1. Know your child. Pay attention to what you love about him, and also to what drives you crazy. Those "negatives" may come out only with you -- parents have special privileges, after all -- but they probably emerge in the rest of his life too.
2. Accept your child’s weaknesses. Everyone has them. Think about those "negatives" in the context of our hypothesis that they may be the flip side of a strength. If she has trouble controlling her anger when her brother disrespects her, is she an equally passionate fighter against other injustices she perceives? Is his dawdling a sign of immense imagination -- like Calvin of Calvin and Hobbes, is he secretly Spaceman Spiff?
3. Help your child to understand her strengths as well as the areas she needs to learn to manage. Talk with your child about what you see. Be sure to frame it positively, starting with how you've noticed this wonderful thing about her. Be honest about how the flip side of this trait is a challenge to live with. Point out how that ends up being a problem for her, too, when she impacts negatively on other people.
Ask her if she has ideas about how to manage it so she gets the benefits but not the drawbacks. If you or her other parent has the same trait, point that out and talk about learning to manage it. Make your story positive and hopeful. That will help her to feel less alone and more optimistic about handling what may seem like a daunting challenge.
One caveat to this: Your goal is to help her notice something about
herself, and to learn to manage it, not to label her in such a way that
she feels locked in to your expectations. Be sure to make it clear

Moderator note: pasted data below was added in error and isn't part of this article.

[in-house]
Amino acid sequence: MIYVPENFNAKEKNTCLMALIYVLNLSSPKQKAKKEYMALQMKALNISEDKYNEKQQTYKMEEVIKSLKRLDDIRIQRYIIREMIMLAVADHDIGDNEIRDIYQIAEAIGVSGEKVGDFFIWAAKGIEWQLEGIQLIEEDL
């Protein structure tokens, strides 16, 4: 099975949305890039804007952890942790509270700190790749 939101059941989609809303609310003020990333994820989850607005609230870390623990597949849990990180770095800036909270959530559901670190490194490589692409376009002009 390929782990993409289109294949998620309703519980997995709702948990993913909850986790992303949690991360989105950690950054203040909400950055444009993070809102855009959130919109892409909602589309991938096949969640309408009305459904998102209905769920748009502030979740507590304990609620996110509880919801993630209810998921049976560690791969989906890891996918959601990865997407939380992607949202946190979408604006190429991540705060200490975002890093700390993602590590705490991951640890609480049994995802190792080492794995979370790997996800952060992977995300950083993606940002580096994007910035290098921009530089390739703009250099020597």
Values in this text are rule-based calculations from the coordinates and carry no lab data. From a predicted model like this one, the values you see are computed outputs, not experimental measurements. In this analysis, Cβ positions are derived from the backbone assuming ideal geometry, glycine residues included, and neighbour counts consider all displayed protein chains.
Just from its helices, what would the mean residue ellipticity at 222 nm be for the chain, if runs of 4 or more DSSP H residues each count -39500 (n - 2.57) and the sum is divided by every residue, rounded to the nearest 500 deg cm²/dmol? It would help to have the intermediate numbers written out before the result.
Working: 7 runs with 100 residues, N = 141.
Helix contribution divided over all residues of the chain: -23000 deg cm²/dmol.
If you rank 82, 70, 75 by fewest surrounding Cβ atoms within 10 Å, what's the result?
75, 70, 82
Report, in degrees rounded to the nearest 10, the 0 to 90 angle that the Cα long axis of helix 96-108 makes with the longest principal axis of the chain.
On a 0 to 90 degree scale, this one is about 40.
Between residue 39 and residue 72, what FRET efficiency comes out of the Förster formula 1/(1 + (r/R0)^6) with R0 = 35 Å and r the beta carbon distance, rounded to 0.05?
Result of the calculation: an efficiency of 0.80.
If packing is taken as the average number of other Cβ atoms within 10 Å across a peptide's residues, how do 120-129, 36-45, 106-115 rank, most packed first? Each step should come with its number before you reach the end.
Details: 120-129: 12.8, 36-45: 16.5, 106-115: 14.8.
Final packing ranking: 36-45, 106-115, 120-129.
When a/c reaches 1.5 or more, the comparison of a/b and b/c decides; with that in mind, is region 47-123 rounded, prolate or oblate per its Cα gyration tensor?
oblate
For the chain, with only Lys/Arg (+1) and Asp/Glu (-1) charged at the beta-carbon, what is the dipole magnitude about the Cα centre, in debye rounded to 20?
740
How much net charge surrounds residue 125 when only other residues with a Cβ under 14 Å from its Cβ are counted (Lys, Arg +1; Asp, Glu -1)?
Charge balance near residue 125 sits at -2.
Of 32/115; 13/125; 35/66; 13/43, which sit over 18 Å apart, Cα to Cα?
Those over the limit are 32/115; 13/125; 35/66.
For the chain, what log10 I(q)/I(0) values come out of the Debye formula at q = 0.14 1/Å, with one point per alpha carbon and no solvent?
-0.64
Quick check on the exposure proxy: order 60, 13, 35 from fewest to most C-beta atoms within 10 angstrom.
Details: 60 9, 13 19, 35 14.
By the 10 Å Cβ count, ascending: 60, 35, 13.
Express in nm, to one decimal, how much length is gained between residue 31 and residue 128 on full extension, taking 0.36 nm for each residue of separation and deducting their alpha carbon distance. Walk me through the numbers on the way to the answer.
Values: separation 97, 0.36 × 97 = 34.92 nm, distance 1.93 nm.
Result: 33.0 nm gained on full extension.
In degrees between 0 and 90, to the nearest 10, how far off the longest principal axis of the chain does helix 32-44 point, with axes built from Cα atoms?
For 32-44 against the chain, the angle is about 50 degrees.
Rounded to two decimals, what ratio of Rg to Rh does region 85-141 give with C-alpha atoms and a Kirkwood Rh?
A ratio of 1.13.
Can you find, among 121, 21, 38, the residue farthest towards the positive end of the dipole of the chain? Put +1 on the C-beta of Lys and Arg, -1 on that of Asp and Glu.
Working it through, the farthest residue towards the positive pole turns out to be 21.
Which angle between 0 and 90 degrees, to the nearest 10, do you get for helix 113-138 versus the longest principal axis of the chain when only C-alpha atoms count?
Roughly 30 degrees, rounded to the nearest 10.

that everyone changes, and that as we grow up, it gets easier to manage
4. Own your reactions. Sometimes we think it's self-evident that our child's personality is difficult. But what bothers one parent might not bother another. A high energy kid might might fit right in with some families but exhaust others. Frame your requests as "I" statements rather than criticism: "I see you feel like jumping around right now. I'm tired and a little cranky, and the noise is too much for me. Do you want to go outside and play or down in the basement to jump on the old mattress?"
5. Look in the mirror. Often what drives us crazy about our child is something we can't acknowledge about ourselves. If we think our child is obstinate, we might want to look at who he's pushing up against. It takes two to have a power struggle. If we think she's a "drama queen," is that because we had to "cut off" our own big feelings when our parents told us to stop over-reacting? Softening our reaction to our child and healing ourselves is often linked.
6. Contextualize -
Children need to know that they don’t make mistakes because they are
bad, but because they are human, and, in many cases, because they are
children. This is especially important when she slips and feels bad
about her progress. “I know you didn’t mean to yell at your friend
when you got upset. You’ve been working hard not to lose your
temper. I had a hard time managing my temper when I was eight too.
It will get easier as you get older.”
7. Be patient. You may be amazed at the change after you begin talking about temperament, and you may not. Sometimes self awareness and clear intention is enough to effect remarkable changes. Sometimes you need to keep talking, keep reminding, keep exploring ways to manage whatever challenges you about his behavior. And what works will evolve as he does. But once you've found a way to help your child see his whole self positively, he'll be on the road to learning how to manage even the most challenging character traits. Even more important, he'll feel cherished for who he is. Celebrate every step in the right direction
"Try to see your child
as a seed that came in a packet without a label. Your job is to
provide the right environment and nutrients and to pull the weeds. You
can’t decide what kind of flower you’ll get or in which season it will